On Wednesday, May 18, Judge James Selna in California became the latest Judge to rule on the issue of whether the FCPA extended to payments made to employees of foreign state-owned companies. Judge Selna denied defendants’ motion to dismiss in U.S. v. Carson, holding that "the question of whether state-owned companies qualify as instrumentalities under the FCPA is a question of fact." As a result, the issue will be presented to the jury.

In ruling on the motion to dismiss, the Court concluded that issue could not be segregated from the evidence to be presented at trial. He noted that he could not simply assume as a matter of law that a state-owned company was an "instrumentality" under the FCPA, but there were several factors (none of which were dispositive) that must be considered: 

• The foreign state’s characterization of the entity and its employees;

• The foreign state’s degree of control over the entity;

• The purpose of the entity’s activities;

• The entity’s obligations and privileges under the foreign state’s law, including whether the entity exercises exclusive or controlling power to administer its designated functions;

• The circumstances surrounding the entity’s creation; and

• The foreign state’s extent of ownership of the entity, including the level of financial support by the state (e.g., subsidies, special tax treatment, and loans).

The Court also concluded that the language of the FCPA was clear and that it was unnecessary to review the legislative history of the FCPA to determine if state-owned companies were instrumentalities under the Act, rejecting the argument that in the legislative history, Congress could have stated that the definition of "instrumentality" included state-owned companies (and had actually considered that language in a prior bill), but did not do so.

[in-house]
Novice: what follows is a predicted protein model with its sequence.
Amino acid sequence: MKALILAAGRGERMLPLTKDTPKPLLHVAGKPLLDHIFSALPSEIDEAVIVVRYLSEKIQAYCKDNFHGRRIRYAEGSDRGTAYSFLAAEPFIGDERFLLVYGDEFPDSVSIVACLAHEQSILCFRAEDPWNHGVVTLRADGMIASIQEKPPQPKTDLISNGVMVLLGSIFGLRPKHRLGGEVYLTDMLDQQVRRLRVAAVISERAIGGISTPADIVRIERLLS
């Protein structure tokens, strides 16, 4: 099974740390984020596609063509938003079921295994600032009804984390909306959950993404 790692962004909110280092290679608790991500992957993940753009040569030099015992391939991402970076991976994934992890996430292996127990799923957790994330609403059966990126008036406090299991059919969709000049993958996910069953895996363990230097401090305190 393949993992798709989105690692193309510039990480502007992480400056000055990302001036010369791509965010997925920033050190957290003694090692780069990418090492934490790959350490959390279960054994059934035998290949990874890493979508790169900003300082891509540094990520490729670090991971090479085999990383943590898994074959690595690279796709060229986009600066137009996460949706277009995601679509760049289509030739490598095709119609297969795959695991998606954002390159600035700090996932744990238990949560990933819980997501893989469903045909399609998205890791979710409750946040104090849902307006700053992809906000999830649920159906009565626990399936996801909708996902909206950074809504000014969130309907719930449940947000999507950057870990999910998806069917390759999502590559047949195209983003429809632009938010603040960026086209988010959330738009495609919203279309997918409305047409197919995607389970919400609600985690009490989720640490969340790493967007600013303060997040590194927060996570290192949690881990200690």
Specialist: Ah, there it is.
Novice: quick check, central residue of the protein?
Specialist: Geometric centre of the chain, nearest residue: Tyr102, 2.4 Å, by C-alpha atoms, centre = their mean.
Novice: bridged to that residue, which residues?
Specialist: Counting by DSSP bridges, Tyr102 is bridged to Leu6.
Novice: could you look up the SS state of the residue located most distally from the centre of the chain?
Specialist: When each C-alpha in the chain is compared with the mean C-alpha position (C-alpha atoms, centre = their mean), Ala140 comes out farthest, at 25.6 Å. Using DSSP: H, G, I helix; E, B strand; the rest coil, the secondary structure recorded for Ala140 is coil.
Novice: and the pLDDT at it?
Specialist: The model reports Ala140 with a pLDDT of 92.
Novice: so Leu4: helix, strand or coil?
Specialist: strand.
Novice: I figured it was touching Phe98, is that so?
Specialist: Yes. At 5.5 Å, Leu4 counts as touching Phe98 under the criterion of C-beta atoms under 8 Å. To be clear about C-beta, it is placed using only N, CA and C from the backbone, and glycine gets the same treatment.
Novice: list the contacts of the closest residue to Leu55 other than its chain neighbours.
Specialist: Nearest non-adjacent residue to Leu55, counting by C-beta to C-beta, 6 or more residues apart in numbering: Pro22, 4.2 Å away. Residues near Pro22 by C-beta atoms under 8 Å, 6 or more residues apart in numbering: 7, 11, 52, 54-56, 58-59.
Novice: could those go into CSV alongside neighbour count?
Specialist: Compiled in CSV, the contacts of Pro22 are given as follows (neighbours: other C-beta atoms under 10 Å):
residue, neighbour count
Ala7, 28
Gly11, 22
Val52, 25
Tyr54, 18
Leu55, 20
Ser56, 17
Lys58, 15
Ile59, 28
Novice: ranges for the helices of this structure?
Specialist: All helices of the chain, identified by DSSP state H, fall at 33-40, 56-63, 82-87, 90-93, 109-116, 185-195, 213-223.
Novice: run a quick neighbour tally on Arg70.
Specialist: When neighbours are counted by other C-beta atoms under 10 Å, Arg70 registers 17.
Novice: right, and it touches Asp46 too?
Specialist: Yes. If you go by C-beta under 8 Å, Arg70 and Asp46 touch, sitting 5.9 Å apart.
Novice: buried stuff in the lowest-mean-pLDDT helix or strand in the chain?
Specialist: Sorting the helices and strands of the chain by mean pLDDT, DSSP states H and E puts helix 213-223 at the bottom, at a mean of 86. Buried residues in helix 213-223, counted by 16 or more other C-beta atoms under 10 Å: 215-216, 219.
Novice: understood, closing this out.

In a separate order issued on May 17, 2011, Judge Selna directed the parties to submit proposed jury instructions regarding the "instrumentality" issue by June 30, 2011 and scheduled a hearing for August 12, 2011. At present, the case is scheduled to be tried on June 5, 2012. 

There are two other cases where defendants have raised the "foreign official" argument this Spring. As discussed here, in the Lindsey Manufacturing case, Judge A. Howard Matz rejected defendants’ motion to dismiss on this same issue, noting that "[u]nder the Mexican Constitution, the supply of electricity is solely a government function," and that Comisión Federal de Electricidad ("CFE"), was an electric utility company owned by the government of Mexico that was responsible for supplying electricity to all of Mexico other than Mexico City. The Court ruled that, under its ordinary meaning, the CFE was an "instrumentality" of Mexico and therefore, its employees were "foreign officials." The Judge also found that "the legislative history [of the FCPA did] not clearly support either side’s contentions." Lindsey Manufacturing and three individuals were convicted in that case, but have accused the Government of misconduct during the Grand Jury proceedings as discussed here. In the other case, U.S. v. O’Shea, Case No. 09-629 (S.D. Tex.), which also concerns payments to employees of the CFE, the motion to dismiss based on the "foreign official" issue is still pending. That case is expected to be tried shortly.